performed by the Janacek Philharmonic Orchestra under Theodore Kuchar, or below with the Polish National Radio Symphony under Antoni Wit
This is our 400th post here on Fugue for Thought! We’re coming up on a more significant milestone later in the month, but… it’s been 400 articles, that old On this Day series, lots of aimless thoughts, attempts at writing about pieces I don’t understand enough to write about, all sorts of things, and it’s 400 posts later, and we have lots more lined up this year, so stay tuned.
This work and tomorrow’s have really blown me away. It’s a wonder to me that they weren’t included in any of the installments of the Fantasia series for their vivid emotions and colors and incredibly storytelling capabilities.
We come again to literature. Dvořák, like Sibelius (and Liszt and Strauss), found inspiration from literature, in this case, came from a Czech book called Kytice, from which Dvořák would take the inspiration for four of his six tone poems. This is the first.
Wikipedia says that “Vodník tells a story in four parts of a mischievous water goblin who traps drowning souls in upturned teacups.” Interesting idea, but something that, as you might expect, provides lots of chance for drama in the work. I quote Wiki again:
Dvořák’s symphonic piece, which is written in the form of a rondo, follows Erben’s written verses remarkably closely; in many places the text fits literary to Dvořák’s music. This may well be a result of the fact that Dvořák derived his themes from putting Erben’s words to music. This way Dvořák produced 7 themes, mostly four bars long for this symphonic poem.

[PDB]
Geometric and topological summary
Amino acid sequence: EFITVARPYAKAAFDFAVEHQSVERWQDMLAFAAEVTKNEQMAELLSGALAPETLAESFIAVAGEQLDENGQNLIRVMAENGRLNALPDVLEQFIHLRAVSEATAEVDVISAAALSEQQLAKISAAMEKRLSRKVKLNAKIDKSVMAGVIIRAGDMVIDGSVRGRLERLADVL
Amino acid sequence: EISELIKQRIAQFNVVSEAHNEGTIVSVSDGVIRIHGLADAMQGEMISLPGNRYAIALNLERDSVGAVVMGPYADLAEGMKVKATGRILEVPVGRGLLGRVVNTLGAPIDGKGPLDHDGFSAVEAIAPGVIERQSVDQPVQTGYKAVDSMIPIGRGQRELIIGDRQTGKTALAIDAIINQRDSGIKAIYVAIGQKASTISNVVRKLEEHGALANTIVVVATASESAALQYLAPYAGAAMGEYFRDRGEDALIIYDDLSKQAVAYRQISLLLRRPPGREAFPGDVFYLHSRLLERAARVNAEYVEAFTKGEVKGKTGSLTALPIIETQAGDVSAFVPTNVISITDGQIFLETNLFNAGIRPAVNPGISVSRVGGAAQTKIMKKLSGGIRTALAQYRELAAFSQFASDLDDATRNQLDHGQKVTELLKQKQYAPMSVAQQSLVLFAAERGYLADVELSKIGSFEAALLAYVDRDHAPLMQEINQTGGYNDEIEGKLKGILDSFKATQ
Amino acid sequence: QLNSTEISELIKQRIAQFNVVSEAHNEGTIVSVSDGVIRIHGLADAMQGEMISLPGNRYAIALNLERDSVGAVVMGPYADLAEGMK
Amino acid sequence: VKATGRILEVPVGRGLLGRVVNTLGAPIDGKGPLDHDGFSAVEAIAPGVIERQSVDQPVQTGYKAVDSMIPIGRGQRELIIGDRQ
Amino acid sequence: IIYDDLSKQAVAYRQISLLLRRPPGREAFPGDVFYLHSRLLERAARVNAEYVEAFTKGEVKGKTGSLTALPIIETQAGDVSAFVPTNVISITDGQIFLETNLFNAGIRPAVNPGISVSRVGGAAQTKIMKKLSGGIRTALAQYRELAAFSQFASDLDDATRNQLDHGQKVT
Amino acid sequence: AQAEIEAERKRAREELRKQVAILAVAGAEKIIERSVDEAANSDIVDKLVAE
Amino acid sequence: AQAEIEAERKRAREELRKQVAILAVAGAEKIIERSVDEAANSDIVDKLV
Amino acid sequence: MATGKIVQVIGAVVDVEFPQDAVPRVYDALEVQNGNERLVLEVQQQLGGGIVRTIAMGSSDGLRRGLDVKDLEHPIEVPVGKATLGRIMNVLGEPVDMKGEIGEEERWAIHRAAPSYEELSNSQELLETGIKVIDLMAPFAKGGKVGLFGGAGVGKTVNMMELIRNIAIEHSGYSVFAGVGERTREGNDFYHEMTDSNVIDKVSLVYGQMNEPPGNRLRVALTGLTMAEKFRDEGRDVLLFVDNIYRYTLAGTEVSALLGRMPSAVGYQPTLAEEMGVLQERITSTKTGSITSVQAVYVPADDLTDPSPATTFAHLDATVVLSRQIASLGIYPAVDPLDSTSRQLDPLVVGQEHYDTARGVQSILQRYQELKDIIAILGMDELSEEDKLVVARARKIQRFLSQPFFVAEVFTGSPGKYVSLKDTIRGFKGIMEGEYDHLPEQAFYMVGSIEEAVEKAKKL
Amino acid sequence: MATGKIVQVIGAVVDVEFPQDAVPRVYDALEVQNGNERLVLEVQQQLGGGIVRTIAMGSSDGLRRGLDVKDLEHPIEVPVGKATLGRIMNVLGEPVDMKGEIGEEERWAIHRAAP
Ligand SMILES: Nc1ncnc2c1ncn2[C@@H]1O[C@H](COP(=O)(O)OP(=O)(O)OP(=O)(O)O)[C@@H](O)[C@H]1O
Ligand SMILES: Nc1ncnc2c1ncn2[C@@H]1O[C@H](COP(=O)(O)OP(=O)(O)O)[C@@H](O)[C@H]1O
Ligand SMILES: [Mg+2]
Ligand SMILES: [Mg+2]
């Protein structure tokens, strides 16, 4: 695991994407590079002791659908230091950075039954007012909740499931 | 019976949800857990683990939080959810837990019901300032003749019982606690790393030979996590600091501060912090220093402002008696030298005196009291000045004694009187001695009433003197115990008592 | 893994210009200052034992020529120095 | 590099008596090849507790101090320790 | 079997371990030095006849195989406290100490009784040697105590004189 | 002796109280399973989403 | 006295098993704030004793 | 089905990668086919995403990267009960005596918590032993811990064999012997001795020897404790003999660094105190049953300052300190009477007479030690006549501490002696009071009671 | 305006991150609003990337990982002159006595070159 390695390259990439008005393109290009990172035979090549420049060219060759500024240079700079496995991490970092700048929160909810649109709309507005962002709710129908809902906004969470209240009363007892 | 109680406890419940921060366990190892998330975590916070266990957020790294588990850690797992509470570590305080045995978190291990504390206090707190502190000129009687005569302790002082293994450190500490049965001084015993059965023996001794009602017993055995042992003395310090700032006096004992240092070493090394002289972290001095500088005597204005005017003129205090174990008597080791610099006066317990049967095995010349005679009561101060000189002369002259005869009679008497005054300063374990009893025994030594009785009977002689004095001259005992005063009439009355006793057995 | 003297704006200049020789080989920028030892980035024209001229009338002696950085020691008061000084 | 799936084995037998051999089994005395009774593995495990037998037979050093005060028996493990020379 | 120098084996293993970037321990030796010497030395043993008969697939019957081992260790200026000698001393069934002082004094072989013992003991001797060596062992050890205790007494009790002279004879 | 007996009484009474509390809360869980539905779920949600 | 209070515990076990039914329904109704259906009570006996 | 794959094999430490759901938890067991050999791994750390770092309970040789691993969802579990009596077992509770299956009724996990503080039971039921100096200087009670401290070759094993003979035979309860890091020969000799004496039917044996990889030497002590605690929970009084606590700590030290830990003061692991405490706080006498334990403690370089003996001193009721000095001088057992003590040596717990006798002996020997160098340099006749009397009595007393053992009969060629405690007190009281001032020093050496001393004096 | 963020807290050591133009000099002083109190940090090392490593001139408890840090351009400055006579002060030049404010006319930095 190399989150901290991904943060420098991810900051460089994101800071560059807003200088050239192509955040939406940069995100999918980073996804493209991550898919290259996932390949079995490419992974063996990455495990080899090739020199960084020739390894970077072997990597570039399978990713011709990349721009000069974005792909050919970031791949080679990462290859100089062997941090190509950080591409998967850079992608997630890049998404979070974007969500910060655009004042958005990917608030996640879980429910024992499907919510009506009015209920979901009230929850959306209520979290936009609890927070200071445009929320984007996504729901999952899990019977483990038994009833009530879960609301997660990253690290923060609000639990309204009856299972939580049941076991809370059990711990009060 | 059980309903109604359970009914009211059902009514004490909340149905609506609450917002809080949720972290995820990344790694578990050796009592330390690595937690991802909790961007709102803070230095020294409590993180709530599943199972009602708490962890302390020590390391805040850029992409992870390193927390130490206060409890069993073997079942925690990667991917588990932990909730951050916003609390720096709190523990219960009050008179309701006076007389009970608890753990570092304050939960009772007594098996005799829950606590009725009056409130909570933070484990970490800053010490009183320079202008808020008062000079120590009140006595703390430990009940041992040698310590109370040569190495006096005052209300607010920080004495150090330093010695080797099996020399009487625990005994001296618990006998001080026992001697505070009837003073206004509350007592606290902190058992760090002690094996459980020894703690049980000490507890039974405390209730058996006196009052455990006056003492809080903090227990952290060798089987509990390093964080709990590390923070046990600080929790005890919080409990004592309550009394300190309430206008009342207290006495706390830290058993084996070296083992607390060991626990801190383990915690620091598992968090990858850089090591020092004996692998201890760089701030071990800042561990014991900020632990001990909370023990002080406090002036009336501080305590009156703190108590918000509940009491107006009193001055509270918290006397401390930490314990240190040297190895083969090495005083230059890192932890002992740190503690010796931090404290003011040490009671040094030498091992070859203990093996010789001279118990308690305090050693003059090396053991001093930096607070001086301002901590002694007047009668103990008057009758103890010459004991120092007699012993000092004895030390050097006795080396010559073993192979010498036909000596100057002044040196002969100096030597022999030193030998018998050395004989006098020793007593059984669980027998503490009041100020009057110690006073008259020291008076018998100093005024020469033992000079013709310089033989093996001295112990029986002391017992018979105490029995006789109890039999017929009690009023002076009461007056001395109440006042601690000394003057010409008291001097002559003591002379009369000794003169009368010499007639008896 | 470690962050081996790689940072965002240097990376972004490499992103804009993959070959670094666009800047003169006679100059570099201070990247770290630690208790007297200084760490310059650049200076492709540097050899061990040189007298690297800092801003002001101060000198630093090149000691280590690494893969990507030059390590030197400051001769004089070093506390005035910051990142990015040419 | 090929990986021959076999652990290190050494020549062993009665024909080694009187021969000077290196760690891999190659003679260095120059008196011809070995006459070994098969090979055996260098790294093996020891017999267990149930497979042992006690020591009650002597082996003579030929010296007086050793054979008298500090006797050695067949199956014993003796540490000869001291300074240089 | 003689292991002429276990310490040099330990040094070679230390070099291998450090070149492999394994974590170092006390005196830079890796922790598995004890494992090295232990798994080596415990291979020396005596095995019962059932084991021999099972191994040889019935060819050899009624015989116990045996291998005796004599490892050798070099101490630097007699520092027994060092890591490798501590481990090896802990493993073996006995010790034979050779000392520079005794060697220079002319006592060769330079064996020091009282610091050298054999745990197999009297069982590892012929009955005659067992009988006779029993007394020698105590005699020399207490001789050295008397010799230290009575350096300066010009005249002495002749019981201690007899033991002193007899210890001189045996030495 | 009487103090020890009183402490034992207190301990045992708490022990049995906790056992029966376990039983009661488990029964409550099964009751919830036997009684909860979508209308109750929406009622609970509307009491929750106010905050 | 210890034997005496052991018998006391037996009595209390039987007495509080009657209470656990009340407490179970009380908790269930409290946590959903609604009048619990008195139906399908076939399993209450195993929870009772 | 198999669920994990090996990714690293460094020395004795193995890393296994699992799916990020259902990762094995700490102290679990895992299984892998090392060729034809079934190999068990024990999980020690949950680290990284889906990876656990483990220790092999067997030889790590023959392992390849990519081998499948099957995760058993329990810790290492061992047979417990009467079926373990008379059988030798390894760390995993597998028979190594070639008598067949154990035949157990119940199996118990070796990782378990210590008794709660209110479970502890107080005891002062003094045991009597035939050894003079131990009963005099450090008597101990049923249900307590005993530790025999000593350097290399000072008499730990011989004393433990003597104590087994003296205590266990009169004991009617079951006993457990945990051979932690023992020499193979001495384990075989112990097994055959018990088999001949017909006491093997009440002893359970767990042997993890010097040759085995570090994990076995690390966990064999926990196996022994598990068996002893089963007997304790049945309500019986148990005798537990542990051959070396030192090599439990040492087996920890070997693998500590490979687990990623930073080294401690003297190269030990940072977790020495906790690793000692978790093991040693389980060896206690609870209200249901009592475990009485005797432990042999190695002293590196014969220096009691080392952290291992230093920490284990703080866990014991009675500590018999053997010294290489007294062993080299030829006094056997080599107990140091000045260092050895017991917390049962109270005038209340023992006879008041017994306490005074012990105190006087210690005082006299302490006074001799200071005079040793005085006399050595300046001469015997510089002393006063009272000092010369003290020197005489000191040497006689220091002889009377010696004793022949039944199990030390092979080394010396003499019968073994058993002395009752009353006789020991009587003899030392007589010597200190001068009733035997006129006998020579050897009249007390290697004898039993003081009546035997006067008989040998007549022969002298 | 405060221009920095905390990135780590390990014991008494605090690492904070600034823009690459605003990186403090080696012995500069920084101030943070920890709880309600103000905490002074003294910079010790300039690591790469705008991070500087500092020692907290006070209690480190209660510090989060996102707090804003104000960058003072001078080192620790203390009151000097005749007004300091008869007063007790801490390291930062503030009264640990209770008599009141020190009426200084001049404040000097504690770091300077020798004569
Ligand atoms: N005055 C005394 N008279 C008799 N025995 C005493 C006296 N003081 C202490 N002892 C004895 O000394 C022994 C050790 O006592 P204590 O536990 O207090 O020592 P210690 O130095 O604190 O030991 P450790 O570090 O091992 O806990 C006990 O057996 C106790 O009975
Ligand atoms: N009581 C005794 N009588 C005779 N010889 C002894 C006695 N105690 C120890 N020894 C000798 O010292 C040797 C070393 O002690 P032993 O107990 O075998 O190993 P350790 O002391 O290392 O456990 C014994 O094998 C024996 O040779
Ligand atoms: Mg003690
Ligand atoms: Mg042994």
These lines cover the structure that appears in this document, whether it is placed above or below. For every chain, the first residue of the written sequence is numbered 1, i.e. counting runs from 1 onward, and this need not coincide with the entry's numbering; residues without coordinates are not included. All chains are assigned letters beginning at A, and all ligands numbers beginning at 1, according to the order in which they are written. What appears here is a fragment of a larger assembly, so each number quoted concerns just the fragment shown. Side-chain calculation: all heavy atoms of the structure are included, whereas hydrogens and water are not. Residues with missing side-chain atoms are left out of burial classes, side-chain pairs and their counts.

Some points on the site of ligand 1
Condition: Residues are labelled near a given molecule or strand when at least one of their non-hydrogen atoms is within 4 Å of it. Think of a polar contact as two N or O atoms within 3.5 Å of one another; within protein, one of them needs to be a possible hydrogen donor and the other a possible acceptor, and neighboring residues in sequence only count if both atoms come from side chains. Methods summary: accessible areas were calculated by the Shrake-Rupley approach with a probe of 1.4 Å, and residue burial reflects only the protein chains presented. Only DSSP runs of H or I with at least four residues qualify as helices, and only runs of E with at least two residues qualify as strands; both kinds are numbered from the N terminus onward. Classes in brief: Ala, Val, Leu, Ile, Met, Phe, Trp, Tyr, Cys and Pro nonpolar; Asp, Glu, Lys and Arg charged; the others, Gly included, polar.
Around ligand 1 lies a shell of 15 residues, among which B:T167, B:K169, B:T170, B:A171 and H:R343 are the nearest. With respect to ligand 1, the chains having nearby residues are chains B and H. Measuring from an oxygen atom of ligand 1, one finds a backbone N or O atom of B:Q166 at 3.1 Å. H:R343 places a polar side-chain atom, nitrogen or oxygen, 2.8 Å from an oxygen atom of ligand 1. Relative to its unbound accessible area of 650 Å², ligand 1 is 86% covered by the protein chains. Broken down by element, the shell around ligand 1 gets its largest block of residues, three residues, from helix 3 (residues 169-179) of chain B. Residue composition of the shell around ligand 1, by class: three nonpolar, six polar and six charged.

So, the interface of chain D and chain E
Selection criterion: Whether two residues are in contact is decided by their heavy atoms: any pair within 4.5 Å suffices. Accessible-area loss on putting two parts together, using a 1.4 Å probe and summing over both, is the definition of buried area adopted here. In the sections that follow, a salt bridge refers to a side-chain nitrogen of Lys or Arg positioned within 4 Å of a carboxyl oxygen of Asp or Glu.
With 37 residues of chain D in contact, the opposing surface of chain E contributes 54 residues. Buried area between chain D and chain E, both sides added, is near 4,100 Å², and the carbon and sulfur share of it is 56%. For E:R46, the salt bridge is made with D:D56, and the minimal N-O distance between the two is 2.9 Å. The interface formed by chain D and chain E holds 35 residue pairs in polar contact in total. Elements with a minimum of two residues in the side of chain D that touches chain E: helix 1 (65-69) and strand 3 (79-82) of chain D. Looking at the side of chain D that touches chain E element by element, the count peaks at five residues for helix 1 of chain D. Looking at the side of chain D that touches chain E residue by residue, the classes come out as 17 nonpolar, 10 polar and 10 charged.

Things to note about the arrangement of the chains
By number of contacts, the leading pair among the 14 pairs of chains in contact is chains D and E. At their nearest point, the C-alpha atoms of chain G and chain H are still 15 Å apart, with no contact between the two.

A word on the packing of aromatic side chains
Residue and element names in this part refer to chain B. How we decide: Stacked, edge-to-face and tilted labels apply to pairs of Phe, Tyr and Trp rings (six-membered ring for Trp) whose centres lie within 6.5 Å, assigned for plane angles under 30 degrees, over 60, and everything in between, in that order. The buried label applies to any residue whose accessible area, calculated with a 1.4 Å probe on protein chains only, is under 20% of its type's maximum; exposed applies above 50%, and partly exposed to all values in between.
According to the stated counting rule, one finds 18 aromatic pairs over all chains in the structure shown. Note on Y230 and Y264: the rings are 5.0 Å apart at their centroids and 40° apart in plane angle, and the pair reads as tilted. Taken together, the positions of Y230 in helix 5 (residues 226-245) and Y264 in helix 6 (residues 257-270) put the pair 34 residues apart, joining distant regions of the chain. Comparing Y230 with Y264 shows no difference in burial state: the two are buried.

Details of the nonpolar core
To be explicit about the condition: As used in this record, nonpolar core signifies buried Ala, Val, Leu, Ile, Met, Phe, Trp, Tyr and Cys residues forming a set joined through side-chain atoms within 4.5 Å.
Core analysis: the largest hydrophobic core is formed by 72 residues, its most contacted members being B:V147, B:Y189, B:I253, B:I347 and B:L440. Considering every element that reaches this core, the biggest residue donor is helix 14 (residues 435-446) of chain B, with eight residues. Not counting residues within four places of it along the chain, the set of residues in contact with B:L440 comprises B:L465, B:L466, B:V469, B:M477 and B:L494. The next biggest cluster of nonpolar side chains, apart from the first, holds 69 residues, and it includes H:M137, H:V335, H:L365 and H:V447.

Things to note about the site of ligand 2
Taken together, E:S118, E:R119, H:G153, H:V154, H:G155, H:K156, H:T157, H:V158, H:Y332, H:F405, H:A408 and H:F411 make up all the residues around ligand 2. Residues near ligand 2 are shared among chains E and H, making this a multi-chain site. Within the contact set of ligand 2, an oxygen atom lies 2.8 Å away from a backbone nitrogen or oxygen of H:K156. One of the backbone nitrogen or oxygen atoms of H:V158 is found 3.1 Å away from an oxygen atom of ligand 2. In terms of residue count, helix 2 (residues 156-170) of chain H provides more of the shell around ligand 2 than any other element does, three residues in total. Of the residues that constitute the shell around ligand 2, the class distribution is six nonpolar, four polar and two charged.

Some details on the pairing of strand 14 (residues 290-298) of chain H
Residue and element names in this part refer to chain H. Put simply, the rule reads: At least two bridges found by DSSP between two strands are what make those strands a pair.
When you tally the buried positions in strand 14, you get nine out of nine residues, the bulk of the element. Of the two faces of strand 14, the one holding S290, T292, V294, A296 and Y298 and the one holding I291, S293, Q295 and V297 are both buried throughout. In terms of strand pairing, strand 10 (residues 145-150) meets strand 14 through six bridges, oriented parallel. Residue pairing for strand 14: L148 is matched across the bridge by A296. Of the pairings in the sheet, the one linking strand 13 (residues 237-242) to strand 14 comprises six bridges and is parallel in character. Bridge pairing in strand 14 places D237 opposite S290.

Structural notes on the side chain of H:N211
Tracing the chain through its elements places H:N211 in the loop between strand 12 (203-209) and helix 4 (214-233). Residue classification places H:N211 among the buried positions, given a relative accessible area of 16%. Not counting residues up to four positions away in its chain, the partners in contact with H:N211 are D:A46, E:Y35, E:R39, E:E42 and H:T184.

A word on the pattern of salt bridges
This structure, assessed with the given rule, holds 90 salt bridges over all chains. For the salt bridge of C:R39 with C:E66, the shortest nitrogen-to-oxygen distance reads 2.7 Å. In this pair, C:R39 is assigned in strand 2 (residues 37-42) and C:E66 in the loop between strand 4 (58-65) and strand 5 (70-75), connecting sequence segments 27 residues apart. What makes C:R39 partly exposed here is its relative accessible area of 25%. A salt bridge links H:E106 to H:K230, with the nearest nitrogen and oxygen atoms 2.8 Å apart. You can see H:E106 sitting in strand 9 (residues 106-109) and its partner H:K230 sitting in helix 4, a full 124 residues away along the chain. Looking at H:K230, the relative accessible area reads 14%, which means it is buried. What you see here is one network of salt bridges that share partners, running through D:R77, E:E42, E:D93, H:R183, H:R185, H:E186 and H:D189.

First the water goblin is introduced with a four bar theme starting three repeated notes. These three repeats prove to be vital for the whole composition: Most other themes start with three repeats, the timpani gives a three beat rhythm to the section where the girl wants to go to the lake, the church bells ring three times each at eight o’clock, the water goblin knocks three times on the door.
In fact, for the Austrian premiere (in Vienna with their famous Philharmonic), one Dr. Robert Hirschfield was asked to provide program notes, and I won’t quote anymore from the article, but he gave nine sections and their correlations to the story, with tempo markings and orchestrations, or at least the instruments that are the focus of the story at the moment.
The piece opens magically, with the flutes representing the goblin, as opposed to something more sinister, like contrabassoon or muted tuba (neither included in the orchestration) or whatever. From the very beginning, the flutes and strings present something that quickens the pulse. It’s nervous and energetic and captivating. Quickly, it begins to swirl around in the watery, magical marine world that Dvořák has created. The goblin’s theme builds and strengthens until we meet the mother and her daughter, violins and clarinet, respectively. For the rest of the play-by-play, just listen to the piece and check out Hirschfield’s program notes, but this is a piece that seems to have such unity of narration, but also such juxtaposition of emotions, as is seen with the sudden transition from the goblin’s theme to the mother/daughter, a tender, pastoral peaceful melodic pleasantness.